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Archaeologia Cantiana -  Vol. 80    1965  page 77

Excavations at Eccles, 1964: Third Interim Report.
By A. P. Detsicas, M.A., F.S.A. Scot

present case, the flue arch below Rooms 58 and 46 is well preserved because it was blocked (Plate IIIA), and its top is 2 feet higher than the bottom of the aperture for the bath drain, leaving room for a testudo of 2-feet radius. On either side of the testudo arch, there was a chimney set in the thickness of the wall (Plate IIIB). On the basis of the testudo tank and the drain, the height of the hypocaust would have been about 3 feet.
   The two chimneys (Plate IIIB), built inside the north-west wall of Room 58 and intended for the dispersal of smoke and gases from both the furnace and the hypocaust it served, were rectangular and quite enclosed within the bonding-tile courses of the wall: they showed no traces of rendering, which would have been necessary had they been intended as water conduits, nor of soot which must have been cleared away when, in Phase B, the south-east face of the wall was cut back thus exposing the two chimneys.
   A vertical water-conduit (Plate IIIB) was constructed inside the north-west wall of Room 58; it was rounded, rendered with opus signinum and contained clay-pipes, the lowest of which curved beyond the inner face of the wall to project into the hypocaust space. Clearly, the clay-pipes would be needed as a shield for the lead-piping, which is assumed to have been placed inside them in order to feed water from the boiler into the plunge-bath, passing below the hypocaust and entering the plunge through an inlet duct, which would have been provided for this purpose.12 Excavation has provided no apparent reason for this circuitous way of supplying hot water to the plunge rather than through a normal inlet directly from a higher level, but the interpretation suggested above would seem to fit best the excavated evidence.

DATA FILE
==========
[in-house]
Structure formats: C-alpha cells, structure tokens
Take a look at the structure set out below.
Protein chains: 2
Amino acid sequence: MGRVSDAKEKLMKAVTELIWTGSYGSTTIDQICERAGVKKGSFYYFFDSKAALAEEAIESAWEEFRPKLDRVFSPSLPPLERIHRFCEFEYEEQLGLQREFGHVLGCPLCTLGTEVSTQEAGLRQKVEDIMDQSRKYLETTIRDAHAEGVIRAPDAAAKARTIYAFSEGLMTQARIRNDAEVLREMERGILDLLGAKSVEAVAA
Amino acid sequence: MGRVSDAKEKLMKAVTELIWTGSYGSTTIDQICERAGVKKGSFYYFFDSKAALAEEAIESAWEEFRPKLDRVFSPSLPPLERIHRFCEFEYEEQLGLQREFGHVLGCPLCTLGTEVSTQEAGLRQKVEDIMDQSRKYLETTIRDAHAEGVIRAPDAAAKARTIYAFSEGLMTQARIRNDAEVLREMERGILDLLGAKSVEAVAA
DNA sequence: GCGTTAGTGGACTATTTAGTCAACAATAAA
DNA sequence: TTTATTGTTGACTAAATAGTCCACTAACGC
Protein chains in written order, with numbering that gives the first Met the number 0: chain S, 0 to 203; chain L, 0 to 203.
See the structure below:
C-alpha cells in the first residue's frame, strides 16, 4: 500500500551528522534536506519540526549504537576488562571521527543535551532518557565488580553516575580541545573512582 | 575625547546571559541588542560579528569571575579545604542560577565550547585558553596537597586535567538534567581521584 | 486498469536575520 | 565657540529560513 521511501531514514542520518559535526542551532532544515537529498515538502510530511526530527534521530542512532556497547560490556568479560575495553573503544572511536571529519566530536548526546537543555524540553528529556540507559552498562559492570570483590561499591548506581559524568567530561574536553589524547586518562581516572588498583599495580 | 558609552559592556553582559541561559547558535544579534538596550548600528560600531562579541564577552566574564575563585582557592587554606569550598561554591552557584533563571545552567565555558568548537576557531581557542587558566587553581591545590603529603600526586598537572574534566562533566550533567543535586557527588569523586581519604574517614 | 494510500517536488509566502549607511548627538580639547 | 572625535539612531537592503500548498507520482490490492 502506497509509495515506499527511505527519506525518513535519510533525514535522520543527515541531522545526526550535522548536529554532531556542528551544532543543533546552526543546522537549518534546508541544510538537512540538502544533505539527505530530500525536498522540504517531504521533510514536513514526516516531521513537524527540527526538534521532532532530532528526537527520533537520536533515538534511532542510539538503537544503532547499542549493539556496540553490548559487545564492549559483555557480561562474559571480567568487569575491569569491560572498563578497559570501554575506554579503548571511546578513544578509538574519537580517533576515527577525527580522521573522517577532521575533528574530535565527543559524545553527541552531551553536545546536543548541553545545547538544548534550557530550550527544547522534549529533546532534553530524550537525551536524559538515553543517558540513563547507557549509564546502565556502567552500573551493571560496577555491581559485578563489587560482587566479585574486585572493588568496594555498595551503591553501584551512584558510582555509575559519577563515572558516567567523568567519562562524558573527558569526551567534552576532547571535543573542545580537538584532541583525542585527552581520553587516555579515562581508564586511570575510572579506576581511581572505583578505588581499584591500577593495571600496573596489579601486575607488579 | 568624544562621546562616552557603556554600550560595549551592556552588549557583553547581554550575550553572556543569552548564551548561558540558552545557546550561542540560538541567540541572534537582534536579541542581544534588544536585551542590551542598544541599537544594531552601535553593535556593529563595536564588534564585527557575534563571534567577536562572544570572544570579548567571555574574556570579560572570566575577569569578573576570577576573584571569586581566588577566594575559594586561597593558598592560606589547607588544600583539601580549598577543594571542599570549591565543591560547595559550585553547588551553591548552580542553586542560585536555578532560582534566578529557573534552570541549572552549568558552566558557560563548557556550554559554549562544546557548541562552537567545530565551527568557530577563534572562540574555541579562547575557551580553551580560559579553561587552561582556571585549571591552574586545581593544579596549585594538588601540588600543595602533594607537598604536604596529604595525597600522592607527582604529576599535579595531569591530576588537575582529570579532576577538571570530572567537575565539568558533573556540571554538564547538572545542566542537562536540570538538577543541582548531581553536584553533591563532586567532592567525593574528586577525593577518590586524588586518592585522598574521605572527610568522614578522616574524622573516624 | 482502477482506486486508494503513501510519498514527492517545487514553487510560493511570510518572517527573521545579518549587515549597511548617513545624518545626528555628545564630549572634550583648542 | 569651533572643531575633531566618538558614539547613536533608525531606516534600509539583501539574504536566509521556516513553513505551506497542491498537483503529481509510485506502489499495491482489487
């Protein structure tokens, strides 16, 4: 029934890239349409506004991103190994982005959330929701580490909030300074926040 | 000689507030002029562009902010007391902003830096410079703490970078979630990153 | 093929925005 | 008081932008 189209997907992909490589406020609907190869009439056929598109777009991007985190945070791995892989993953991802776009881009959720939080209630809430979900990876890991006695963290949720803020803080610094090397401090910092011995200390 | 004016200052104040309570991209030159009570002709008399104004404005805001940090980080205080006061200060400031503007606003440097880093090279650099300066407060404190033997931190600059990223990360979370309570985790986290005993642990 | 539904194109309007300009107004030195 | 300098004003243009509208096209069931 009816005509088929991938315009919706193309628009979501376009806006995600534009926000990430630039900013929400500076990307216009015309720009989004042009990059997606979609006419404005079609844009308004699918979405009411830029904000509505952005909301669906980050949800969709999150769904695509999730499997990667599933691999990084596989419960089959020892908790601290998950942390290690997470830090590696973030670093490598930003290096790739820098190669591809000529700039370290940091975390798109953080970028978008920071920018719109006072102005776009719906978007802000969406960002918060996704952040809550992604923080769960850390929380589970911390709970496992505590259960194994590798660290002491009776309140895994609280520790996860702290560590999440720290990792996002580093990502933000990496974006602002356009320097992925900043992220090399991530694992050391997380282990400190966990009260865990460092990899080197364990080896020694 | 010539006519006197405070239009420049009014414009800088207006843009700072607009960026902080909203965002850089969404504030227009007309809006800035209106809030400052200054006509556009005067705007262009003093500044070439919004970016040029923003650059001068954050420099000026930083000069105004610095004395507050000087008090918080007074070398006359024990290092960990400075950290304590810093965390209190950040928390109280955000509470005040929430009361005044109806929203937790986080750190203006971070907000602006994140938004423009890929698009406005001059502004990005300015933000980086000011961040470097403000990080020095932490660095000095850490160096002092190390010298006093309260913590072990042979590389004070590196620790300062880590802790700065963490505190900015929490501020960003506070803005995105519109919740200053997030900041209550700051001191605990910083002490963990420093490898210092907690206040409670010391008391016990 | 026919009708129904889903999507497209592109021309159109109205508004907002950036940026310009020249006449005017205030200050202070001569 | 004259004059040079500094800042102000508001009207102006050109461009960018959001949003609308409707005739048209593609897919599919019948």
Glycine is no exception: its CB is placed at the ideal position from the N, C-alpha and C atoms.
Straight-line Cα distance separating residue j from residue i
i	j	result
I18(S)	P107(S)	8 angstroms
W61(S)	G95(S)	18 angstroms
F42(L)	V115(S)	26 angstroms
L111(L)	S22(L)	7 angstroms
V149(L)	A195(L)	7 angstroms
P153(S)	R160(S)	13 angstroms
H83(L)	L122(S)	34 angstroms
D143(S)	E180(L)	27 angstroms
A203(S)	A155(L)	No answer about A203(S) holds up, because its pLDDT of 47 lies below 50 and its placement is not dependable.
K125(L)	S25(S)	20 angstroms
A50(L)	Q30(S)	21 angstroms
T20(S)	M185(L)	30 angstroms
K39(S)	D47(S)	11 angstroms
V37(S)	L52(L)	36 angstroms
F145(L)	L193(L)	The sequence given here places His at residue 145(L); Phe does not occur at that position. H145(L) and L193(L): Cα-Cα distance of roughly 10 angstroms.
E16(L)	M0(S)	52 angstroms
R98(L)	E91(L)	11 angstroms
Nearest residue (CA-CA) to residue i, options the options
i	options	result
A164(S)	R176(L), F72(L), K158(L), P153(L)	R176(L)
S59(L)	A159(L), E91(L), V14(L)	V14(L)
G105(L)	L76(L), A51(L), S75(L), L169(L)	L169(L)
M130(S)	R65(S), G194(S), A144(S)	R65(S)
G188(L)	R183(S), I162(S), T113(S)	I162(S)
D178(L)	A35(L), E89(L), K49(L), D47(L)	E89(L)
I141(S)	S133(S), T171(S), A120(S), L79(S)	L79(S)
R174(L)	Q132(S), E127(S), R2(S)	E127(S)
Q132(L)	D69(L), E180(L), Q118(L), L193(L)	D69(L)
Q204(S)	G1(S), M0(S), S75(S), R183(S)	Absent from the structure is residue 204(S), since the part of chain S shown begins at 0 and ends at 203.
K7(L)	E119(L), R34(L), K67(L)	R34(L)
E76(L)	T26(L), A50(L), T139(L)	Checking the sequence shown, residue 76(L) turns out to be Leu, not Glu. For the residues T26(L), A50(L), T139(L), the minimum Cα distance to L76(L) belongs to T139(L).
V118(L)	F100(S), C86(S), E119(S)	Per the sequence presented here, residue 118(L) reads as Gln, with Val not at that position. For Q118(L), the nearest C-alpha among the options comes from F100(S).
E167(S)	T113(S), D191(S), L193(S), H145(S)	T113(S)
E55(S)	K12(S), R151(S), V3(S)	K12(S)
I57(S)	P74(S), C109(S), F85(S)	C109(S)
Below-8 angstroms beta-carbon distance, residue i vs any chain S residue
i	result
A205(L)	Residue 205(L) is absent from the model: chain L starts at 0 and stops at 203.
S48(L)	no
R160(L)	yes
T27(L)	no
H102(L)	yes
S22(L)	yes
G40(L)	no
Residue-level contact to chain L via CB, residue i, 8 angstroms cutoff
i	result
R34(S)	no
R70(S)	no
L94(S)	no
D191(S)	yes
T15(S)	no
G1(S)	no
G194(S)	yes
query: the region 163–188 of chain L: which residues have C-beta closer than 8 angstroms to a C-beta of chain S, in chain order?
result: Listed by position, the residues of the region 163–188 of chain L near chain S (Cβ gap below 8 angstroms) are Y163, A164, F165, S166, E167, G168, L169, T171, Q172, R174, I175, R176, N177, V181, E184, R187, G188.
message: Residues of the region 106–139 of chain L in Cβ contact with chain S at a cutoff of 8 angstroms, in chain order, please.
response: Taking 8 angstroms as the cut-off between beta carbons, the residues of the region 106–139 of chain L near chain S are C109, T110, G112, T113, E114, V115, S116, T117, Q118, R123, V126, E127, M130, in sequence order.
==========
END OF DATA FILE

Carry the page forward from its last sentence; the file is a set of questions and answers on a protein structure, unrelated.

The plunge-bath was drained by means of an outflow drain through its north-west wall (Plate IIIB and Fig. 1), which had sides rendered with opus signinum; free-standing roofing- and bonding-tiles were placed inside this channel to form the bottom, sides and top of the drain, but no trace remained either of its lead-piping or its connection with the plunge, both presumably had been removed and destroyed in the later reconstruction of the area. The water from this plunge-bath was drained directly into the main drain, which the drain from Room 58 joined below the tessellated floor of Room 51 and a little outside the limits of the excavated area.
   Room 46 was the furnace-room supplying both the hypocaust in Room 58 and heating the water for the plunge-bath. It measured 11 feet 6 inches by 10 feet 6 inches, and its walls were of the standard build and thickness (Plates IIIA and IIIB), except for the wall separating it from Room 58; these walls were constructed inside a rectangular excavation cut into the subsoil for the purpose of building the praefurnium
  
12  I am indebted to Professor S. S. Frere, V-P.S.A., for visiting the site and discussing with me the problems of water-supply in this room.

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